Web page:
Gooch’s Aeirpedis, or Pedomotive Carriage (1843)

Gooch’s Aeirpedis, or Pedomotive Carriage

(To the Editor)

Sir – if you think the following worthy of a place in your valuable journal I shall feel much obliged for its insertion I trust that the machine may be found so far practicable as to become useful to some of tour readers; for not withstanding the great number of vehicles of a similar description that have been constructed at various periods, by different individuals, some with great ingenuity and mechanical skill, yet, on the other hand, many have been initiated with an utter disregard of mechanical principles; and all or most of which I have seen, or had drawings of, seem to come under one general term – a useless toy. Now should mine, either by the amateur or the mechanical practitioner, be considered to fall under the same title, of course I must; but, Mr Editor I must say I have made this hobby one of my peculiar hobbies for more than twenty years. I first tried the common velocipede, or dandy horse, condemned it and tried again and again, upon different mechanical principles, the treadle, the winch, the crank and the hand lever. They have all come under my repeated trials and all but one are equally condemned. I find that a carriage of any kind, moved by machinery, let its combinations be ever so simple and its propelling power is to be put in action by muscular energy, either by the feet or arms, must be attended eventually with fatigue of body; for not only the weight of the machine to be moved, perhaps from 80 to 1oolbs, but also the weight of the driver himself, which is from 140 to 150lbs more, is to be moved by muscular action alone. All this is seldom considered by the amateur in his pleasing dreams of rail-road speed with his new carriage. His machine is at length completed and brought out.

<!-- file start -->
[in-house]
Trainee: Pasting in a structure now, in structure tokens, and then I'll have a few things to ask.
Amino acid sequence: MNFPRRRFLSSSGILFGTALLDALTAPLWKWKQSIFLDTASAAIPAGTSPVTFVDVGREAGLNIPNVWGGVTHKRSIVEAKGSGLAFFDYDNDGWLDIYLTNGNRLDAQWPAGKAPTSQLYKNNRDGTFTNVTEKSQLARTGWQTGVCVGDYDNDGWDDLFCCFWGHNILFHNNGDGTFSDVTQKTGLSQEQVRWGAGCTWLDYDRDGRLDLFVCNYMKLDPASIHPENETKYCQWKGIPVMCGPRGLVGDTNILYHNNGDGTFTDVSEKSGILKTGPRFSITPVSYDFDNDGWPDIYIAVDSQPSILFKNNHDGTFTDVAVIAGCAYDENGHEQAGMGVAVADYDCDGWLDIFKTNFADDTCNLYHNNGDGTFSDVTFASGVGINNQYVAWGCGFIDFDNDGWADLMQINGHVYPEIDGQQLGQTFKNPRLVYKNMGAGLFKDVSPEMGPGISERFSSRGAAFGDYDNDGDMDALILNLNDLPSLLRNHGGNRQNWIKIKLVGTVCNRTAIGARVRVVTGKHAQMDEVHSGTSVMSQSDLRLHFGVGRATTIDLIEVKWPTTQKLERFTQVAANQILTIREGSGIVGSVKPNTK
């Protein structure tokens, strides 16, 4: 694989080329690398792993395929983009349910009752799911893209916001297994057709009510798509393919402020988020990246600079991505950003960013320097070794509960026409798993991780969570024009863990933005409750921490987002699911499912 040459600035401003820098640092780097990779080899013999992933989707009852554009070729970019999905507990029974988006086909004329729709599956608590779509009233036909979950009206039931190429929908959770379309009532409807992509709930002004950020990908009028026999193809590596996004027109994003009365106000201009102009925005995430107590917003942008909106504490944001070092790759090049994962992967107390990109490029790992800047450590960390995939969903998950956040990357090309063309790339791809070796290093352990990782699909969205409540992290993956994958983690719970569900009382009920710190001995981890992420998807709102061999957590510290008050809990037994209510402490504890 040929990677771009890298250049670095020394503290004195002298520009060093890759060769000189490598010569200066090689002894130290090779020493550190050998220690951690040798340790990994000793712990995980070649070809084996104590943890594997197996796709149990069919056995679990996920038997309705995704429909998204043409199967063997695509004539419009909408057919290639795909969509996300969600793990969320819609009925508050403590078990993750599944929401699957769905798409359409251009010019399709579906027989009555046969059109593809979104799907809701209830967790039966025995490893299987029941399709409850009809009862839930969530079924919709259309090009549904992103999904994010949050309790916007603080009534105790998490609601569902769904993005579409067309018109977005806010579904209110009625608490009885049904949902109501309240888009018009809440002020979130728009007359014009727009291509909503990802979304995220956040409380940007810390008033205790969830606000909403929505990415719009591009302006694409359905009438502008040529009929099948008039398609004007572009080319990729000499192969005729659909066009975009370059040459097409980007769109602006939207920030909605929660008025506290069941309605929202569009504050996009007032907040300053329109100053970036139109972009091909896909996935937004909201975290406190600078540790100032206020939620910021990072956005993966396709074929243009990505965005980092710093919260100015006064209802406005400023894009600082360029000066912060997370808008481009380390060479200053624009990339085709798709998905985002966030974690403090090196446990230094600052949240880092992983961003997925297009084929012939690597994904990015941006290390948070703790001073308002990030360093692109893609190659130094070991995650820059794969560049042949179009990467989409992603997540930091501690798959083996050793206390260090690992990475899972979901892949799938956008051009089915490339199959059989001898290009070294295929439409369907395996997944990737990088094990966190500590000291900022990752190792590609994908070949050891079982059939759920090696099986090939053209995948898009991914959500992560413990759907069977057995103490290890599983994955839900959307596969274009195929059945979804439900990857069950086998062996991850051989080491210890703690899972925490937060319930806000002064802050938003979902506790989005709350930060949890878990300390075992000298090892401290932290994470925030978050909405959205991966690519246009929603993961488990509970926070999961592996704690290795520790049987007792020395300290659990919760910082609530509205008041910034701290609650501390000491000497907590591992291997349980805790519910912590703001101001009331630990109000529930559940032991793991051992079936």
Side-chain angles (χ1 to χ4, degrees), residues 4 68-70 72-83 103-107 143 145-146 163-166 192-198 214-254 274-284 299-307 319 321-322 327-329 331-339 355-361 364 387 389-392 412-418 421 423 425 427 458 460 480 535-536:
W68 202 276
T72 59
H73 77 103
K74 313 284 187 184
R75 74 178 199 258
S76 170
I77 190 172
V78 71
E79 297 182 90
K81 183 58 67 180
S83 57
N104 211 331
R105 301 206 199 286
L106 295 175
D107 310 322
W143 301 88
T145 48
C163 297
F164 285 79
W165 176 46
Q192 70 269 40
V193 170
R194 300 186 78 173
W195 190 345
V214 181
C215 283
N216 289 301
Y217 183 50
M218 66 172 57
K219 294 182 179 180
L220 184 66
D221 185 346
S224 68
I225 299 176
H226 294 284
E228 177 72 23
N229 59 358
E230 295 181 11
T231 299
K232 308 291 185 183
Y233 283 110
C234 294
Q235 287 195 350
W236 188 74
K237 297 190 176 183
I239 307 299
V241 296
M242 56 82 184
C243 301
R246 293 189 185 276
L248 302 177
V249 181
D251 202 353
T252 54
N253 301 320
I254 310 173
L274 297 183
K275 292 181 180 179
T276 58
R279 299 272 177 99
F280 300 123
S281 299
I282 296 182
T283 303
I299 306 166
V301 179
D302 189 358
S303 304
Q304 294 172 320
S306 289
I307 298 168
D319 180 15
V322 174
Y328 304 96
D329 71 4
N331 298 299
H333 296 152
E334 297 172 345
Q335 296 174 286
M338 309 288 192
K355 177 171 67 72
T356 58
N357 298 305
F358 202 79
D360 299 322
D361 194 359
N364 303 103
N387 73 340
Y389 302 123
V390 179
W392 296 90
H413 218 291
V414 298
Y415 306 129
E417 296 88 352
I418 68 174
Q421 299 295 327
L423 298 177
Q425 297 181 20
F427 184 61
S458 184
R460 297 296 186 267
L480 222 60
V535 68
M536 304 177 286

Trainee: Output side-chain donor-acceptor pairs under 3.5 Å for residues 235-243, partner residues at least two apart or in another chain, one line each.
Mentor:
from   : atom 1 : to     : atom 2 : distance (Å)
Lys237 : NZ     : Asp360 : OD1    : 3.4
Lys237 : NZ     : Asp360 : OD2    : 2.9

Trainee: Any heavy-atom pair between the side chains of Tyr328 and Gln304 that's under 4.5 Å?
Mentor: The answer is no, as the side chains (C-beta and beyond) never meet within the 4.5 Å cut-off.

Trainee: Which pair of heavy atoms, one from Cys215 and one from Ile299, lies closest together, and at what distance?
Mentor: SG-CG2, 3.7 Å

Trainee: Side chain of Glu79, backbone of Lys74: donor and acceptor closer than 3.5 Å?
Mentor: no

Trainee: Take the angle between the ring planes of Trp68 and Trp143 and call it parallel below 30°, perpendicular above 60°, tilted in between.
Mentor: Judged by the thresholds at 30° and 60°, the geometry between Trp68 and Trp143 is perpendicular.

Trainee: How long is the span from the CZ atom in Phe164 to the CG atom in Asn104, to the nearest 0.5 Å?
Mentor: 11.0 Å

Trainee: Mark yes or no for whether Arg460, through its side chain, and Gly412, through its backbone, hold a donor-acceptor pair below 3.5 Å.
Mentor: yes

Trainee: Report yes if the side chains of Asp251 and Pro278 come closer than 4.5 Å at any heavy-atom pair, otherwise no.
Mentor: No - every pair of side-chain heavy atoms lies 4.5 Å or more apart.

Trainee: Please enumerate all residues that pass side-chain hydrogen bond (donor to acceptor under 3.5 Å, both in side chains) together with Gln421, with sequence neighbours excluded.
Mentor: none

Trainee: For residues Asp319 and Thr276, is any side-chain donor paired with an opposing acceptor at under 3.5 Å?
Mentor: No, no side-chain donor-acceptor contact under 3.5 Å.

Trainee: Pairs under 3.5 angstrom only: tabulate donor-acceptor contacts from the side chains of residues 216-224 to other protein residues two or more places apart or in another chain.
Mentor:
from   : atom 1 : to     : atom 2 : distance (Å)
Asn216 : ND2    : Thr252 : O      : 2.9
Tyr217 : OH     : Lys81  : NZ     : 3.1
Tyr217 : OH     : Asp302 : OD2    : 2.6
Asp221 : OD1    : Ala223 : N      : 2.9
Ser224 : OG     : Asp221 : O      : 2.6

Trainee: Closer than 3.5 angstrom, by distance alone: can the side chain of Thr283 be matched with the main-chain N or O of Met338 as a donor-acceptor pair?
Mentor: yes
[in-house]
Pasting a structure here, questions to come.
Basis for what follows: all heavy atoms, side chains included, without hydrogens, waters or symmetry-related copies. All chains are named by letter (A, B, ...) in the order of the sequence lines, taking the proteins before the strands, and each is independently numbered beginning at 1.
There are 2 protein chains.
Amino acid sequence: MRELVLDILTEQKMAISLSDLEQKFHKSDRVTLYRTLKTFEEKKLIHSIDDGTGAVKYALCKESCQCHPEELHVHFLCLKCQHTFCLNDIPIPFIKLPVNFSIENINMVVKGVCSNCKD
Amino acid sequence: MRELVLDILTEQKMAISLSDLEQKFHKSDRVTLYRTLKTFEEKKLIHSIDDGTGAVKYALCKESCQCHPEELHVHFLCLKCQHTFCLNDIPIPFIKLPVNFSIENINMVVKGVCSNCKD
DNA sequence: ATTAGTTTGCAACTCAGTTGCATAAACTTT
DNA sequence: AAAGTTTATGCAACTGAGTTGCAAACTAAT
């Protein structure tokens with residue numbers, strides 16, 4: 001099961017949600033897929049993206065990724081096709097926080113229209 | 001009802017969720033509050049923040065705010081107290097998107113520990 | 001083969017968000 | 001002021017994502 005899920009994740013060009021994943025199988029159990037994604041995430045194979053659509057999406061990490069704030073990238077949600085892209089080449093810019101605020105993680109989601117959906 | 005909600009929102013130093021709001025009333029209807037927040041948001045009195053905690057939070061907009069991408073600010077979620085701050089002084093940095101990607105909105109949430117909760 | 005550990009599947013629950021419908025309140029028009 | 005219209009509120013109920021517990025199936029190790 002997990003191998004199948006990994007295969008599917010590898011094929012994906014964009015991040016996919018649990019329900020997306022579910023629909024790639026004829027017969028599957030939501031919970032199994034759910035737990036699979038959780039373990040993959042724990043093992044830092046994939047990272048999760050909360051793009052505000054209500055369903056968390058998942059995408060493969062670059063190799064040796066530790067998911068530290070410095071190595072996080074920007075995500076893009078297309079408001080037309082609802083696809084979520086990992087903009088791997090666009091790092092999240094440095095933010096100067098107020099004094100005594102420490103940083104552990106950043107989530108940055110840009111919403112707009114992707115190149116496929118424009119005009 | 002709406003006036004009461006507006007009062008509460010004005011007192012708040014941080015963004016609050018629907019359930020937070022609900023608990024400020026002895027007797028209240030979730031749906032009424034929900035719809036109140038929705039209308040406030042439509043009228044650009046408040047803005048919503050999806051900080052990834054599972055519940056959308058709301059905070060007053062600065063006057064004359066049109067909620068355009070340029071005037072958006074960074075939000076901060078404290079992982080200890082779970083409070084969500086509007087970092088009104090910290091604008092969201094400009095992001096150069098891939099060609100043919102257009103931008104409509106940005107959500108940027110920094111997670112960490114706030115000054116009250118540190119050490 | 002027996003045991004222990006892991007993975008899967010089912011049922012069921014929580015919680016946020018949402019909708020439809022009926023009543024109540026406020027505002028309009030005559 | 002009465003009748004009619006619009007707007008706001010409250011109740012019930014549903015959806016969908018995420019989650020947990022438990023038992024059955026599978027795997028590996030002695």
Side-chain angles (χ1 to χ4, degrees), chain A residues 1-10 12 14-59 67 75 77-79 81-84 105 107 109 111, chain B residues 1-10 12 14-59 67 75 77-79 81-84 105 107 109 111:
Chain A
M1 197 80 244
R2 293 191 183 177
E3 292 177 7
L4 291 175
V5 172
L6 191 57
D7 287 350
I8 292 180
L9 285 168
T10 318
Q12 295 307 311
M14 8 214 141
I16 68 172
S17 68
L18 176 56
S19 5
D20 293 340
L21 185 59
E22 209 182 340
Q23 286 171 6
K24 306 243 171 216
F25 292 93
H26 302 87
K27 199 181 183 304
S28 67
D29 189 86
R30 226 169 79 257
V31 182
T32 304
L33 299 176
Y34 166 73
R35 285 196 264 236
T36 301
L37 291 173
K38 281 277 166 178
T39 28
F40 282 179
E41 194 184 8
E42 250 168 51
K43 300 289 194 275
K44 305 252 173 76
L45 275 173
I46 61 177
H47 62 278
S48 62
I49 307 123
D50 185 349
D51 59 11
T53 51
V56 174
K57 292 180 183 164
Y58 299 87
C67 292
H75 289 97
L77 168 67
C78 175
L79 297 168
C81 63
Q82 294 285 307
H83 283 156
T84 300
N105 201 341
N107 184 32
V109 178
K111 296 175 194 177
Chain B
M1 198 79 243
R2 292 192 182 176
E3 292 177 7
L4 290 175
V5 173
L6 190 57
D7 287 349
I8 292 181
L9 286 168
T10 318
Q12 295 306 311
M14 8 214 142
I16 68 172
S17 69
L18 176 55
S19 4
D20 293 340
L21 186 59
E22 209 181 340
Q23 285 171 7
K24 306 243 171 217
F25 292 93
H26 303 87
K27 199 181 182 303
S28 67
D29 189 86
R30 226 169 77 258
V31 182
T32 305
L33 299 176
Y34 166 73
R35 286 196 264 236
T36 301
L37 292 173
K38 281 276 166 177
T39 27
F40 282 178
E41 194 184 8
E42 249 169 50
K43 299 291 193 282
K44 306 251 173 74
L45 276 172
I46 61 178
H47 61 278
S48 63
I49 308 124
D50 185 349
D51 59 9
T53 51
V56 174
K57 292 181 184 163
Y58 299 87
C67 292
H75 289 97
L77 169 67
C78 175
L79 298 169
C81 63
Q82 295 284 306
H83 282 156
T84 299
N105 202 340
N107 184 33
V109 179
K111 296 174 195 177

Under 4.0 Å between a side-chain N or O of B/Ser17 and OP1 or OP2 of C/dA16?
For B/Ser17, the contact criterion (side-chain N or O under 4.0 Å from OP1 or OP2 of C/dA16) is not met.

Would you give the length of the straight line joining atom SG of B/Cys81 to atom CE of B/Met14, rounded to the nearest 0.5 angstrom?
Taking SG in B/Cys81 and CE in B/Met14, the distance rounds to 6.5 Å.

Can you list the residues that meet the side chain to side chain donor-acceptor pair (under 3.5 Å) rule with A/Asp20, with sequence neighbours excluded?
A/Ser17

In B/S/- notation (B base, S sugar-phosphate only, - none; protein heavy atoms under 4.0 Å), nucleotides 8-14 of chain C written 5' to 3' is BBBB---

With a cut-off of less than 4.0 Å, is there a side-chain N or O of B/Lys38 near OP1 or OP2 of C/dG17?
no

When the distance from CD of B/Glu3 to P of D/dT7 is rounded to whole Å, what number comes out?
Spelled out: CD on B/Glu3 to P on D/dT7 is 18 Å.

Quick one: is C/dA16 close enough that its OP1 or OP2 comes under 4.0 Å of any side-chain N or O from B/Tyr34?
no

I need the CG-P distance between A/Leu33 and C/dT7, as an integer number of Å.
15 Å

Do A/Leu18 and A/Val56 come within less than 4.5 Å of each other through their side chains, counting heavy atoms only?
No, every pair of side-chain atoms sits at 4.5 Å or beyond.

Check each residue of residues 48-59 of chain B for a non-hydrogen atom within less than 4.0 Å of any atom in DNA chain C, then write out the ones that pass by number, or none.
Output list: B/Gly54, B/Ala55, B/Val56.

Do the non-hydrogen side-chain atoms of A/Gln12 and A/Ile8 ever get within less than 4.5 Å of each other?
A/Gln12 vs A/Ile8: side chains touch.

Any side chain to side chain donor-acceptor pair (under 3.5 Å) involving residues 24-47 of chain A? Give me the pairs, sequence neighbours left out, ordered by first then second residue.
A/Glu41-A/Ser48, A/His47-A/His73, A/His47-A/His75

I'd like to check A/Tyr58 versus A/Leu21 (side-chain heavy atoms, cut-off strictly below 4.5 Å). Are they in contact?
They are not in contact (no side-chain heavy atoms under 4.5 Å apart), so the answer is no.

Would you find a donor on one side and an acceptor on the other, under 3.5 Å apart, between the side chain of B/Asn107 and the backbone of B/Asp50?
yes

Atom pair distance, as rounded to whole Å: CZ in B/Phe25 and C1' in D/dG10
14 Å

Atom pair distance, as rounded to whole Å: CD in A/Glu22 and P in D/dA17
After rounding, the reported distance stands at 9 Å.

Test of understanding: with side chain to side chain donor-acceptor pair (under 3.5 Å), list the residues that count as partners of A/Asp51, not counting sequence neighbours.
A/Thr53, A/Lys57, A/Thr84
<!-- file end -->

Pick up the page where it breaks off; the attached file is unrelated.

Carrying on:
“ To take a quiet ride in some green lane,”